Here’s a real email one of my students sent his mom last week:
Ok. I have given it everything and i have nothing I can do. My 100% just isn’t good enough to pass. It is too late to do anything. There goes that trip. I’m done.
There are so many kids with EF challenges who are going through similar overwhelm right now. Of course there are things he can do. Of course it’s not too late. But it’s important to deeply understand that this is how he feels. He is emotionally overwhelmed.
Here’s a quick pattern breakdown:
- It’s the end of the year.
- Missing and late assignments have piled up.
- Grades have plummeted.
- Overwhelm is in full force.
- Kids don’t even know where to begin because there are so many details to deal with.
- They avoid.
- Spring fever in full force too, so motivation is even lower because of this.
- Parents try every strategy they have: everything from pushing too hard to the opposite end of the spectrum and letting go completely.
- The last day of school comes in the blink of an eye.
What can you do to help your child?
In a nutshell, here are the steps I generally use to successfully help a student out of this bind:
- Get clarity on what needs to be done. How? 2 main ways: 1. Print the detailed view of the grades from each class to see the breakdown. 2. Email teachers to get clarity (see below).
- Have an emotionally calm conversation with the student to strategize chunk by chunk.
- Help them get started. SO MUCH OF THIS IS ABOUT STARTING. Help them get momentum over and over and over.
- Stay closely connected with the student to monitor progress, encourage them, help them chip away at it. This is not a quick fix or a one time conversation. It’s a few weeks of close support. (Yes, of course they are going to be resistant, but keep trying).
- Repeat steps every couple days and do not “trust” them when they say, “ok, I’ve got it, now leave me alone.” It’s not that they are “lying” to you, they simply do not have enough of the executive function skills necessary to turn it around independently yet. So stay on them, ask how you can help, don’t give up.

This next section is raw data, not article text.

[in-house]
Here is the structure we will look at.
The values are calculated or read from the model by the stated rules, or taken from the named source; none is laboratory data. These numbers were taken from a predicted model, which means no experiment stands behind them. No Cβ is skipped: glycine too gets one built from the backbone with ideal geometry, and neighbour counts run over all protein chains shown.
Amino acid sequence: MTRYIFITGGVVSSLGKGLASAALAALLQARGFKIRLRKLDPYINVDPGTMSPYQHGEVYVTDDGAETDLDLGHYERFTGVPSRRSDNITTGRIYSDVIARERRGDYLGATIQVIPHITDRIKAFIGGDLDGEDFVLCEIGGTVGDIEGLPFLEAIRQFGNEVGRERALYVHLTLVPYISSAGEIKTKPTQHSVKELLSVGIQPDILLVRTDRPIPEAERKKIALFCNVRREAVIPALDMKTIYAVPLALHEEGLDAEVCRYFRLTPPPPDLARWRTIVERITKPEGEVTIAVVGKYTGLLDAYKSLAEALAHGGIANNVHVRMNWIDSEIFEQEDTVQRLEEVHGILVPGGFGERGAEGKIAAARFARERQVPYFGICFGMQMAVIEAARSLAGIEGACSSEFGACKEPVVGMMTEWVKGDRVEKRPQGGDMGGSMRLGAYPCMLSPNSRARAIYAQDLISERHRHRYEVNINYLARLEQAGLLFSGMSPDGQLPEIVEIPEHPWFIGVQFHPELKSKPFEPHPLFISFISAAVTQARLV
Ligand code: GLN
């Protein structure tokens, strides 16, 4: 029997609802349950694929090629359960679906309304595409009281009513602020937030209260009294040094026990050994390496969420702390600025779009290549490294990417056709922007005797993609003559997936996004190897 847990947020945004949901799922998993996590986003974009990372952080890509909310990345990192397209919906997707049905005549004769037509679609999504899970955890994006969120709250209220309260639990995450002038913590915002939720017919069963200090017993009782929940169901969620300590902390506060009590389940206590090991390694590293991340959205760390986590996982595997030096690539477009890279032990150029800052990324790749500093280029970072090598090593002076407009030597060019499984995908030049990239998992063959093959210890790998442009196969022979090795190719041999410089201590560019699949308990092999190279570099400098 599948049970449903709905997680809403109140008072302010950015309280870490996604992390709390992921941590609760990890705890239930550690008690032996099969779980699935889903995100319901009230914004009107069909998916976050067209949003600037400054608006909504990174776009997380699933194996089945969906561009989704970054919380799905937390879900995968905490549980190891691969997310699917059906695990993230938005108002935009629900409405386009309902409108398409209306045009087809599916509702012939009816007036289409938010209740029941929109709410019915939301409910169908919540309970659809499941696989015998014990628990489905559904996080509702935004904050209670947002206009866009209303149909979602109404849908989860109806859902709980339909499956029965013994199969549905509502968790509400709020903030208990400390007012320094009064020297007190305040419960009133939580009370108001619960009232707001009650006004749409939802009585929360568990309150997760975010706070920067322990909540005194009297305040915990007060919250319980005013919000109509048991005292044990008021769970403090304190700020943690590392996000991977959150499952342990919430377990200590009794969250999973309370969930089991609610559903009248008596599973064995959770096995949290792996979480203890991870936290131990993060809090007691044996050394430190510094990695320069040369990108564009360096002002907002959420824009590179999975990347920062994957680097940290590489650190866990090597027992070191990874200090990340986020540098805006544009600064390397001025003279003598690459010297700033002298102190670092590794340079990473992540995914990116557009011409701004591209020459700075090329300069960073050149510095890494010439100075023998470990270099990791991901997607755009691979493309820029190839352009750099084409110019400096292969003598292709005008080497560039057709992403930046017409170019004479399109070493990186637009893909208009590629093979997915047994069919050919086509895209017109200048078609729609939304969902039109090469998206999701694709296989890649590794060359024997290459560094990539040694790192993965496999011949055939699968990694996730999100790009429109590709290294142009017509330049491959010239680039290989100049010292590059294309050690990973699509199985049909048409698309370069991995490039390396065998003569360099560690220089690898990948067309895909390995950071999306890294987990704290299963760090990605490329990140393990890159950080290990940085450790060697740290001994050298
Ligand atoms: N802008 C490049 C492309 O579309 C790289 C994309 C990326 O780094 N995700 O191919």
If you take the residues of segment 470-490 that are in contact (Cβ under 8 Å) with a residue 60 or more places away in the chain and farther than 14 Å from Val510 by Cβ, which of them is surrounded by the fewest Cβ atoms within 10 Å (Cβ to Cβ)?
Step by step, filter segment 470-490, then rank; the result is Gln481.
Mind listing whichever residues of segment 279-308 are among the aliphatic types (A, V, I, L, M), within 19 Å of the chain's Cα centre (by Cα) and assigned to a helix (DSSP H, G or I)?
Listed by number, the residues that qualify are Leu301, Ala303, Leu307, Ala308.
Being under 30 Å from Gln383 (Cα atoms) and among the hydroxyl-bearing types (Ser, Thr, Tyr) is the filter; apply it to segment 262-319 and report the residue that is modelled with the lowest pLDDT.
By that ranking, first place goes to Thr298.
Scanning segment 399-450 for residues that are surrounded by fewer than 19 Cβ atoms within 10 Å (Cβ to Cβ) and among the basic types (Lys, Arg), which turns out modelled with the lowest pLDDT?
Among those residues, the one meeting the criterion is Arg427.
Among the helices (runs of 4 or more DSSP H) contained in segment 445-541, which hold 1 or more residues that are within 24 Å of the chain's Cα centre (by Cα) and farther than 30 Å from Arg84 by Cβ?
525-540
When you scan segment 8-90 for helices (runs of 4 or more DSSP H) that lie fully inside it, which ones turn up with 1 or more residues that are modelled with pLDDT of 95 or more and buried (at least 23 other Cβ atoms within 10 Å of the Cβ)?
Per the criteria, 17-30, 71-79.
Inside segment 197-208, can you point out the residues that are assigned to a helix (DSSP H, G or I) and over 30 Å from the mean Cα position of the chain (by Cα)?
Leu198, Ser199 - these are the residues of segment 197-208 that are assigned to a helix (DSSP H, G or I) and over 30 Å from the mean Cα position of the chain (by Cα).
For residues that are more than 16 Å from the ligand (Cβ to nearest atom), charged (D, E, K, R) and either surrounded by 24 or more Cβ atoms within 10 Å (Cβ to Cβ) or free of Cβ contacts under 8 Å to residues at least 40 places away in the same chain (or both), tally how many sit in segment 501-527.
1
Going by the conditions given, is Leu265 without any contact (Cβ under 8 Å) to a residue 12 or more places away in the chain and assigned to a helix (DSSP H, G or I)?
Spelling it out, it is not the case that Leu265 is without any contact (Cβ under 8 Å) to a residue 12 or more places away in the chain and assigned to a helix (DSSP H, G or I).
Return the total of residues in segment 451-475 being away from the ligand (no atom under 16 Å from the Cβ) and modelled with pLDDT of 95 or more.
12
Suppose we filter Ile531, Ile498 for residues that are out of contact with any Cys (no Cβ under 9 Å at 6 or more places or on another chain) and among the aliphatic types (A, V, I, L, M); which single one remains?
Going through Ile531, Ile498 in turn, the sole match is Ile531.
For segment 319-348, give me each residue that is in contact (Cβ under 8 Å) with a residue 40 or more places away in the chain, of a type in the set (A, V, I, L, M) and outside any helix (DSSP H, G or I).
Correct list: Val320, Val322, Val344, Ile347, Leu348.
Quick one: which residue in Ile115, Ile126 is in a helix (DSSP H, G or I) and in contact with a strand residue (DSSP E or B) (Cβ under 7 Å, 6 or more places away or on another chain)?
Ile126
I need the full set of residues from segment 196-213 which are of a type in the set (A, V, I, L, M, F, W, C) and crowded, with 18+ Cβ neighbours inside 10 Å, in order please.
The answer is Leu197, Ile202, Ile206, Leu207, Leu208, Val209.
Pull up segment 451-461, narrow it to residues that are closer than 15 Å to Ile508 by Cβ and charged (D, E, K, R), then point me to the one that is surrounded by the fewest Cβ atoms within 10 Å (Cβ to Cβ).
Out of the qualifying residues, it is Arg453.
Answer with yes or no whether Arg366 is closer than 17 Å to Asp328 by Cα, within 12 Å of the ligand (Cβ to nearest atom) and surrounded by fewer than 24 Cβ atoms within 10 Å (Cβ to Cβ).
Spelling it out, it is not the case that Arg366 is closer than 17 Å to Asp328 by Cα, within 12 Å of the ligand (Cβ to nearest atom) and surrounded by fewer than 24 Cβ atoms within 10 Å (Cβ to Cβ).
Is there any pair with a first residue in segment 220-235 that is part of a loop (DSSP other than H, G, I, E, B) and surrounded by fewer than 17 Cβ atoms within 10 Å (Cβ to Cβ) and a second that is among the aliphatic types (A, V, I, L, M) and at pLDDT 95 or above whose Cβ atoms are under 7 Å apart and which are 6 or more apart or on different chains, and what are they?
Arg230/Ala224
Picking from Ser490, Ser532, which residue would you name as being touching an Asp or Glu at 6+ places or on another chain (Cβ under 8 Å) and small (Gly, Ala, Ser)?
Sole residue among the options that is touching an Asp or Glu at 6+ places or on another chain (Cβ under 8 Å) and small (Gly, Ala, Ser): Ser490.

Here’s the advocacy email I sent to each of his teachers:
Feel free to copy, paste and edit this email for your own use. Again, if your child is in this situation and you want to help them, you need clarity asap. That’s the point of this email. I keep it short and to the point, no fluff. (ps – you can search my blog for the word “advocacy” to see other insights I have posted about advocating for your child).
Hi Ms. X,Seth Perler here. I’ve been Josh’s Executive Function coach for the past couple years.He’s struggling to pull it together in some classes right now, so I’m sending a quick email to get clarity so I can help him through the overwhelm.Looking to find out:
- How is Josh doing?
- What should he prioritize as far as makeup work is concerned?
- What big paper, exam or project is upcoming? (and is there a rubric, study guide, link, etc. for it?)Feel free to shoot me a super short email with key details.Thanks for your time,Seth
If they don’t email you back within 48 hours, resend the exact email. Make the subject line say, “IMPORTANT: JOSH”. Make the first sentence say, “Hey Ms. X. Hope you’re well. I am resending the email below because we need help ASAP! I know you’re busy, but please give me a quick response today if you can so I can support my child.”
Repeat this step every day if they don’t respond. CC it to admin or other teachers if it goes more than 2 or 3 days. You are not being annoying, you are trying to support your child.
Now take action. Good luck parents,